By TBY | Colombia | Aug 07, 2015
Ecopetrol's losses at the end of 2014 had resulted in a 40% annual decline in revenues, marking the company's first-ever recorded loss. The main reason for this was the price of oil, which fell by almost 50%.
Ecopetrol’s change in management structure, including the appointment of 37-year-old Camilo Marulanda as the Executive Vice-President, surprised some observers. Yet Marulanda has worked in the company and industry for over 15 years in all areas of operation from production to refinery. He brings a necessary perspective of the changes facing the company, many of which are unprecedented in spite of the turbulent market conditions of the past 15 years, including the Colombian commodities boom following the appointment of the now departing President Javier Gutierrez in 2006, and the alarming descent of the bourse over the past six months. The group’s subsequent scaling back on the exploration has proven divisive, both from a long-term sustainability perspective, and also in terms of generating foreign investment.
STRATEGY AND BUDGETING
The roadmap and growth strategy that Ecopetrol implemented in late 2014 was aggressive, to say the least. To put it in perspective, over the past seven years the combined investments of Ecopetrol had reached $46 billion. In 2014 alone, Ecopetrol planned to invest $10.6 billion as well as an additional $69 billion between 2014-2020. And for 2015 Ecopetrol plans to invest $7.8 billion, marking a 25% YoY reduction in the budget. These ambitious projections have brought into question the future rate of production, and more contentiously, the need for continued exploration and the incorporation of new reserves.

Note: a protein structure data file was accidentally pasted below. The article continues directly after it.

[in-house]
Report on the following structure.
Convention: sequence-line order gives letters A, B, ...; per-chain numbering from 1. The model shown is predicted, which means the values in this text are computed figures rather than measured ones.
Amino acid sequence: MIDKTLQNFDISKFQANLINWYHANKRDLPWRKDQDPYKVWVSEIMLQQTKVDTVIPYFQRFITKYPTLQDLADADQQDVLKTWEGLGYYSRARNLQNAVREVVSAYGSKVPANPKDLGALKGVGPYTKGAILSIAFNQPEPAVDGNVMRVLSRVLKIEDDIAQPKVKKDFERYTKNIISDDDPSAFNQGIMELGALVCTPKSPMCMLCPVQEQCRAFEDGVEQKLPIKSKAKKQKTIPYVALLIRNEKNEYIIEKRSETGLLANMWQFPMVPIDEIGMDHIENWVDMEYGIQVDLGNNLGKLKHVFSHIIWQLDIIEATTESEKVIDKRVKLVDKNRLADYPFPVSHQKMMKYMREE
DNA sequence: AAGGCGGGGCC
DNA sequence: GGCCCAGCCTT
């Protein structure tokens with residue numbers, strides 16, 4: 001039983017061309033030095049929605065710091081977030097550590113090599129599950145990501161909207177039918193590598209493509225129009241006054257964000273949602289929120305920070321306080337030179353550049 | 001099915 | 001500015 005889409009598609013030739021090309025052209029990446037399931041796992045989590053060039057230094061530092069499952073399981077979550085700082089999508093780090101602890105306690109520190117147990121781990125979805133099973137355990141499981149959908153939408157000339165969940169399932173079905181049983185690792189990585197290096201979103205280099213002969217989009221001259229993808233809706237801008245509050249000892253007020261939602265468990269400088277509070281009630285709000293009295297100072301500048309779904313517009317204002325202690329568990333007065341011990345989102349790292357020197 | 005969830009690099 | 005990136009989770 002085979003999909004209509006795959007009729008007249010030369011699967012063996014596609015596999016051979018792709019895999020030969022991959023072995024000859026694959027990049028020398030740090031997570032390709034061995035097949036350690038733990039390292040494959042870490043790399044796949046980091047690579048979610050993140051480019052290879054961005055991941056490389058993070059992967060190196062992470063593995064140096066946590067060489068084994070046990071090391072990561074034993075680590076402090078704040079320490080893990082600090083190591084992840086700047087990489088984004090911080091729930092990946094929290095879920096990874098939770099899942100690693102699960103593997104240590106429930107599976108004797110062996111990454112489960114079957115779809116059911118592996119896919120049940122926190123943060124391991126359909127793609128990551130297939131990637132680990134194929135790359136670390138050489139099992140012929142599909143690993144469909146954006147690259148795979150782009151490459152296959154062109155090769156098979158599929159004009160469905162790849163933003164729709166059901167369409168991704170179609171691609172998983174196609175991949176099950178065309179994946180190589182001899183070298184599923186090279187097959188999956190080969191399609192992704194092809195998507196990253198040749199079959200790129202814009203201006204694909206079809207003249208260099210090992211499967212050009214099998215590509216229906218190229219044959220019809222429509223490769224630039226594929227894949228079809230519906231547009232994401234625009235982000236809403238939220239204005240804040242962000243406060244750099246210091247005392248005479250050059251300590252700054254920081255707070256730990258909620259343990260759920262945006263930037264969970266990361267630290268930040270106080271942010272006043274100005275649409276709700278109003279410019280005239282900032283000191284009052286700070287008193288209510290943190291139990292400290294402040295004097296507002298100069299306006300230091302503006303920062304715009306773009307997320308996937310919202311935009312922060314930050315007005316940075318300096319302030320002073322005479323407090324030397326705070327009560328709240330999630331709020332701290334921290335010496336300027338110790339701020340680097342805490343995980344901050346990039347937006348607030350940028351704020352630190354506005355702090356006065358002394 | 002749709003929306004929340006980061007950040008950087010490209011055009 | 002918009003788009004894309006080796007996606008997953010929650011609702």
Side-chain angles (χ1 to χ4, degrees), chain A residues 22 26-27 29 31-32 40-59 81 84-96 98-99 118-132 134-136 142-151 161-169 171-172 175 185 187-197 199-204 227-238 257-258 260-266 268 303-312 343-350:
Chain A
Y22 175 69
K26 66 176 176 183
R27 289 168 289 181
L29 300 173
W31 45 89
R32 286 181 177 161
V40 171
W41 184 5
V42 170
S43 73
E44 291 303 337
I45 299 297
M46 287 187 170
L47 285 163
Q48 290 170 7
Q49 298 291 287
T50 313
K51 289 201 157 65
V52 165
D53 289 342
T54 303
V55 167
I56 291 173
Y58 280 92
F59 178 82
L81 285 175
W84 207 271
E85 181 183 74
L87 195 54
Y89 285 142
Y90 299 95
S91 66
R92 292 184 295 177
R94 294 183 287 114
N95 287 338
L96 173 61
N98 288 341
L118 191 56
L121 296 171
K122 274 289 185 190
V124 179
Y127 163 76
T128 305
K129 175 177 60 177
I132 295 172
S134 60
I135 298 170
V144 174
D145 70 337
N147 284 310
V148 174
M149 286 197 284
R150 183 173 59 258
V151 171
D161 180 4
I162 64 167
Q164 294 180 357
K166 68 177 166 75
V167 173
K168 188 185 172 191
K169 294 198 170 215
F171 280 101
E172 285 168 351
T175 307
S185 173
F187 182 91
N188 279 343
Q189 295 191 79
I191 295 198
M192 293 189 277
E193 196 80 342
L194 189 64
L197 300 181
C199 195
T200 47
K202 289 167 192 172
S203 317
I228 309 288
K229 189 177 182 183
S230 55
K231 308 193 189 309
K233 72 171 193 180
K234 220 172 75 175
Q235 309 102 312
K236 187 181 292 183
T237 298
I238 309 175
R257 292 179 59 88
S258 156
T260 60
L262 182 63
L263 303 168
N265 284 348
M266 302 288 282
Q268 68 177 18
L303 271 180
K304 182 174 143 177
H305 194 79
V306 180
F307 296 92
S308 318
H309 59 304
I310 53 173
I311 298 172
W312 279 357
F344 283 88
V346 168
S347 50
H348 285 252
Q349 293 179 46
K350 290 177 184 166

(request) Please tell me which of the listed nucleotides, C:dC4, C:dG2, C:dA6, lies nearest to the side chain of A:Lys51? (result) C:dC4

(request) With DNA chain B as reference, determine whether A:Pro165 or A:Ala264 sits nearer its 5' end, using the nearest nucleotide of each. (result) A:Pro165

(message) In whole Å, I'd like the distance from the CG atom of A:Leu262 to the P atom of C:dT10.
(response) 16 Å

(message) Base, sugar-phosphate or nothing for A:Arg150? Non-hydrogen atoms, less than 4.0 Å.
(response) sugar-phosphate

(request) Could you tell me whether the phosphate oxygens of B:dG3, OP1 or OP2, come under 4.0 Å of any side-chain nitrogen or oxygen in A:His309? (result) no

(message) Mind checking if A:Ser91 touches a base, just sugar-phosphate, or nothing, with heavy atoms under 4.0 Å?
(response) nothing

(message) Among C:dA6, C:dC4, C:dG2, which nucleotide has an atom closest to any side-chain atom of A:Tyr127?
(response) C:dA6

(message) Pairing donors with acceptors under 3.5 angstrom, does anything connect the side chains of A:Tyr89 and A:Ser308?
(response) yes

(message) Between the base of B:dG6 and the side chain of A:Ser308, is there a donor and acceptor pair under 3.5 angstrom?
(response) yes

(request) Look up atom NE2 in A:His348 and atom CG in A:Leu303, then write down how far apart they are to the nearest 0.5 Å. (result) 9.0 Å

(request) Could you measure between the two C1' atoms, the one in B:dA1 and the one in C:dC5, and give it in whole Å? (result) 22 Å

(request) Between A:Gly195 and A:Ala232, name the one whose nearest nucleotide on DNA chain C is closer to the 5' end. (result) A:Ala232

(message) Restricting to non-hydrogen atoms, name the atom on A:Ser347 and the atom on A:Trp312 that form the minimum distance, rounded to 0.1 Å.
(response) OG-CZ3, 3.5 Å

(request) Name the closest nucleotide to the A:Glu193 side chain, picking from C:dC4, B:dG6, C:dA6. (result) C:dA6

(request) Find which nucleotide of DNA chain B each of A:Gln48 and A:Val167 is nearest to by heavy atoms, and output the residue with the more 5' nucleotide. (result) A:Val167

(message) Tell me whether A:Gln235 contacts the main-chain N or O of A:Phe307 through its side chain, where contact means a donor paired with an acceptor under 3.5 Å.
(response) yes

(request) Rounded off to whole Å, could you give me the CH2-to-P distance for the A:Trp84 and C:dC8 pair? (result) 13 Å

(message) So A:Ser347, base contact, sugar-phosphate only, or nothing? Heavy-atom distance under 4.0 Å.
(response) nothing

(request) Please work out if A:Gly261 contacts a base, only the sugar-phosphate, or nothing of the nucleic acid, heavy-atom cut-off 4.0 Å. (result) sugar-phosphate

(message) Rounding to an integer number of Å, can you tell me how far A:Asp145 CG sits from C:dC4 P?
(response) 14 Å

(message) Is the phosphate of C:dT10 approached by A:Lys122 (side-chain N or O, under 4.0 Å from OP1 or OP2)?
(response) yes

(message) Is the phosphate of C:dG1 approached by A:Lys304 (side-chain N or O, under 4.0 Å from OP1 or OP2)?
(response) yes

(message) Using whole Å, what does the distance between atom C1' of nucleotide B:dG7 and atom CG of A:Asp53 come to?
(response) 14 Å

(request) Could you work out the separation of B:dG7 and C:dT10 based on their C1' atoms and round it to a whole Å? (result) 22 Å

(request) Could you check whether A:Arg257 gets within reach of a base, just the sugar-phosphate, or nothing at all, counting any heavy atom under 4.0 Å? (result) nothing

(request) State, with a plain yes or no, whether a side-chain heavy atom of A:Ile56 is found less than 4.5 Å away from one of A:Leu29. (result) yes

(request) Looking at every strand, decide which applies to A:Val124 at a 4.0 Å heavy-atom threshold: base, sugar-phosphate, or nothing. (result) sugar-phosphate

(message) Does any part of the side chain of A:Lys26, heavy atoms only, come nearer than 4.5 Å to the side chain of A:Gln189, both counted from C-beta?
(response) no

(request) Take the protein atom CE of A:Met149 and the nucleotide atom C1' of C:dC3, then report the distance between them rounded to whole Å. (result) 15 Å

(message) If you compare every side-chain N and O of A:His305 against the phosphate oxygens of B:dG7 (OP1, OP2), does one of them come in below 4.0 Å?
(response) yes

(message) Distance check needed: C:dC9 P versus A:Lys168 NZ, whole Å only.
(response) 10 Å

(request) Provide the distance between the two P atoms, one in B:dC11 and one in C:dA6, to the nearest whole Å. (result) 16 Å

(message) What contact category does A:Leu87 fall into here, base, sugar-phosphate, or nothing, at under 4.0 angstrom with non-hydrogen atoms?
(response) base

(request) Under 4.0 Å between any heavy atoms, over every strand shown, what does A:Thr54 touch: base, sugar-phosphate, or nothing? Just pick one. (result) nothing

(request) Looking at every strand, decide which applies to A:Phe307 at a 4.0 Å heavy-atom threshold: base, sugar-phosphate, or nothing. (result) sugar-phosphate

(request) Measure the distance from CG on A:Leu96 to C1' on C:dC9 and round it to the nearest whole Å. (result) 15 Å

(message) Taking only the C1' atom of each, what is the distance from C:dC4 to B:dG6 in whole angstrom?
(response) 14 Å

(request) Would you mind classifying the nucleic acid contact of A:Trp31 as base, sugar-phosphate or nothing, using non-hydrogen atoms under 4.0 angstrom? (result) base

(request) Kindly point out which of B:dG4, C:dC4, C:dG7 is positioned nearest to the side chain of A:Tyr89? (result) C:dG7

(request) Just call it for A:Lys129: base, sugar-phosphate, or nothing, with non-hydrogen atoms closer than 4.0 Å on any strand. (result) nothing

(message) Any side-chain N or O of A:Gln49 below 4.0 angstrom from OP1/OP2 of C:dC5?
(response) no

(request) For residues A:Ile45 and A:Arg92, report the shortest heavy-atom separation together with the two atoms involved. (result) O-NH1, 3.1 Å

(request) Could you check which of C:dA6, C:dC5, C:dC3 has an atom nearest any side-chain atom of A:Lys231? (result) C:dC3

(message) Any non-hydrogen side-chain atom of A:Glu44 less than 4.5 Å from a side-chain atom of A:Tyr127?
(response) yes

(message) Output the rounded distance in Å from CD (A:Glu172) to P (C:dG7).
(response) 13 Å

Ecopetrol’s plan to augment production to 1.3 million bpd by 2020, up from the 788,000 produced in 2013 assumes that more resources will be found, despite currently stagnant exploration conditions. However, by March 2015, the strategy conceived by Ecopetrol’s management seemed to have yielded results in line with production at the country’s principle reserves. Castilla and Chichimene, increased by over 8% and 25% respectively, and the costs of perforation per well fell by 40% due to ongoing austerity measures.
These prudent measures were made by the group’s newly-appointed executive and board, and entailed a significant reduction in dividends paid out, the conference in late March proposed the distribution of some 70% of revenues as dividends, and the continued reduction of this rate over the next few years. A more controversial decision was Ecopetrol’s announcement of the cancelation of the Campo Rubiales tender that had envisaged ceding operation to energy giant Pacific Rubiales, in favor of its own operation of the well—a field where production has been declining for some time. Unsurprisingly, this was not well received by the markets. The perceived message of Ecopetrol’s keenness to usurp other companies’ production in favor of stability stands to dampen investor enthusiasm for the short term.
This reluctance to give exploratory incentives has proven to be a cause for concern for organizations such as CamPetrol. The APC have been broadcasting their concerns about this strategy and the state of affairs in the industry. Following an interview with the Asociación Colombiana del Petróleo (ACP) in March, the ACP identified 11 measures that needed to be taken by the Ministry, the ANH, and Ecopetrol in order to ensure that future reserves were not at risk. The organization also found that sector players had decided to cut investment in exploration by 47%, and 22% in production for the coming year, due to the pricing crisis, the prospects of tributary reform, and the weight of operational costs. Indeed, this raises the question of whether the incorporation of future reserves is in danger.
With Juan Carlos Echeverry and Marulanda at the helm as of early April, the pressure to deliver new findings on newly integrated sites is enormous. However, the group’s investments in offshore exploration at Kronos and Calasu, which are in their preliminary stages, appear promising. All eyes are on the two new leaders to meet the challenge of integrating new reserves and consolidating the company’s production.